Here’s the next set of eleven games from my Top 99. Getting closer to the Top 11!
#44: Flash Point: Fire Rescue is a cooperative game published in 2011, designed by Kevin Lanzing. The game is all about fire fighters trying to rescue people (and animals) from a burning building. On each turn, dice are rolled to determine where flames or hot spots are going to pop up. Each player has a unique role that they can change during the game, and they will be spending actions to move through the building, knock down walls, grab victims, and get them the heck out of there. It’s a very intense game with a phenomenal theme.
#43: Yspahan came out in 2006, designed by Sébastie Pauchon. It was a game set in the Middle East that featured dice drafting. In each round, one player rolls the nine white dice, then orders them from lowest to highest. The numbers rolled determine what actions are available. This could be collecting camels, collecting gold, placing cubes out in the various shops, draw cards, send cubes to the caravans, or move the supervisor. It was one of the first Eurogames to really embrace the use of dice, and it still holds up as a pretty good game.
#42: Memoir ’44 was the second game to use what came to be known as the Commands and Color system. It was designed by Richard Borg, and was first released in 2004. It’s a World War II themed game where players are taking sides in various scenarios surrounding D-Day. You play a card to order certain units, then attack by rolling dice. There’s a great depth of theme in the game, but play is really very simple. It’s an easy game to pick up, if not an easy game to master. There are a ton of scenarios, both official and manmade, and this is the best game of the system I’ve played.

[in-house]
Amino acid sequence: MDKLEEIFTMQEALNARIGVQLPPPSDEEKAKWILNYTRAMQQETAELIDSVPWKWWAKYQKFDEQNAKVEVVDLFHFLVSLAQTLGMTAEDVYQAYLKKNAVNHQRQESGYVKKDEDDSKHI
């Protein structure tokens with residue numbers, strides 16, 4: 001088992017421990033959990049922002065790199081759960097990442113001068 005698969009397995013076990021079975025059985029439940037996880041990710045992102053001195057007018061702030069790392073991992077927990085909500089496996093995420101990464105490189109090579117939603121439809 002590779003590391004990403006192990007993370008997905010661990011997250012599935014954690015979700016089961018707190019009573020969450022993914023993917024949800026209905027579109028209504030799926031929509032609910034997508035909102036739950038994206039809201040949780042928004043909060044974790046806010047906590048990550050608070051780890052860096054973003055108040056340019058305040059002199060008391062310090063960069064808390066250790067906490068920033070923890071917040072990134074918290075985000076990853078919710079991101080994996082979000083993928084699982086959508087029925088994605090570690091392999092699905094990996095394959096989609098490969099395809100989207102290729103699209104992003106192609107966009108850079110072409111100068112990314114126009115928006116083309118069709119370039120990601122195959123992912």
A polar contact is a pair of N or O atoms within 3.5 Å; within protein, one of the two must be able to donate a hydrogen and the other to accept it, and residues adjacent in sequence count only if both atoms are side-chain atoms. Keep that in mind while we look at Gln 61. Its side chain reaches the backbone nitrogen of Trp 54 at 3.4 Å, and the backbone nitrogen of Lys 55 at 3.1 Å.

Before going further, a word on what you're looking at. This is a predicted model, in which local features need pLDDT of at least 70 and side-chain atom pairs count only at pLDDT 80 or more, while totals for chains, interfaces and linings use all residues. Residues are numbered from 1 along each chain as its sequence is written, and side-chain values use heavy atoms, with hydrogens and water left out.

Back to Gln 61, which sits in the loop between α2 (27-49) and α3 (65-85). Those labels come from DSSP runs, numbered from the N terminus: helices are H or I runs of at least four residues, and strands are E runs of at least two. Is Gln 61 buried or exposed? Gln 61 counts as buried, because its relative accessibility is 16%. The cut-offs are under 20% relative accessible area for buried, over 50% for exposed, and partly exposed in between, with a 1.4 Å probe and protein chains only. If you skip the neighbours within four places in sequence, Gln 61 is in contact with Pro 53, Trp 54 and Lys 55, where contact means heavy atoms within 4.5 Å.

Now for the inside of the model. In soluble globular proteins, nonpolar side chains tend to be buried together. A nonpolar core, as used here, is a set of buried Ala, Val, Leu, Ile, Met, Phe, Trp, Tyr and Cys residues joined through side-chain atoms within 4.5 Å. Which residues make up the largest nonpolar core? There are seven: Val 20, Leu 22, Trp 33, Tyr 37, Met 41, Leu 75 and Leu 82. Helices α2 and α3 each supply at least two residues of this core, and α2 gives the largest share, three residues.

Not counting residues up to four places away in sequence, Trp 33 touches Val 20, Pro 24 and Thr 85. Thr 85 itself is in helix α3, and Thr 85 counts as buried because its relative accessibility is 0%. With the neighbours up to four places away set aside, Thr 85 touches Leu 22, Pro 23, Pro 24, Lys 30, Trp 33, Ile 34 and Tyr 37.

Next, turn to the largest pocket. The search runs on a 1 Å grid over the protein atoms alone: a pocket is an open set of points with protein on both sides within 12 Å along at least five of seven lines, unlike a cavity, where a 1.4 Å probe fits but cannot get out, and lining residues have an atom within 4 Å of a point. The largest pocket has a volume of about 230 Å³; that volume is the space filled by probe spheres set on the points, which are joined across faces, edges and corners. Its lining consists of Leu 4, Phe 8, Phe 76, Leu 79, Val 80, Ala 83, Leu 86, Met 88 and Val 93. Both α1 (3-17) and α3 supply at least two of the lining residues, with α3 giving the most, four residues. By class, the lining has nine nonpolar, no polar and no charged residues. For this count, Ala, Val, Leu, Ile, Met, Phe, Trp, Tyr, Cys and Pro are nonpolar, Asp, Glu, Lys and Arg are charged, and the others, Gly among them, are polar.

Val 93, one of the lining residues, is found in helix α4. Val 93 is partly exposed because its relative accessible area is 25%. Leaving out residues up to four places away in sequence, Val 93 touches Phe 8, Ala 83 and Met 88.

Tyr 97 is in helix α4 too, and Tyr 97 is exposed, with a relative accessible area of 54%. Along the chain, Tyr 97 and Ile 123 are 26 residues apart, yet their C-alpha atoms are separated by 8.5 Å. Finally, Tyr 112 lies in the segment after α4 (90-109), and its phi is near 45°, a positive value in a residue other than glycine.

#41: Mysterium is a cross between Dixit and Clue, and better than both. Deisgned by Oleksandr Nevskiy and Oleg Sidorenko and published in 2014. One player is a ghost trying to communicate the real perpetrator of a crime that happened a century ago, but who can only communicate through dreams. The other players must deduce, from the clues given, the weapon used, location, and actual killer within seven rounds. It’s a very difficult game to master (I’ve never won), but I have a great time every time. A new edition just came out from Libellud, but I’ve only played the original Ukrainian version.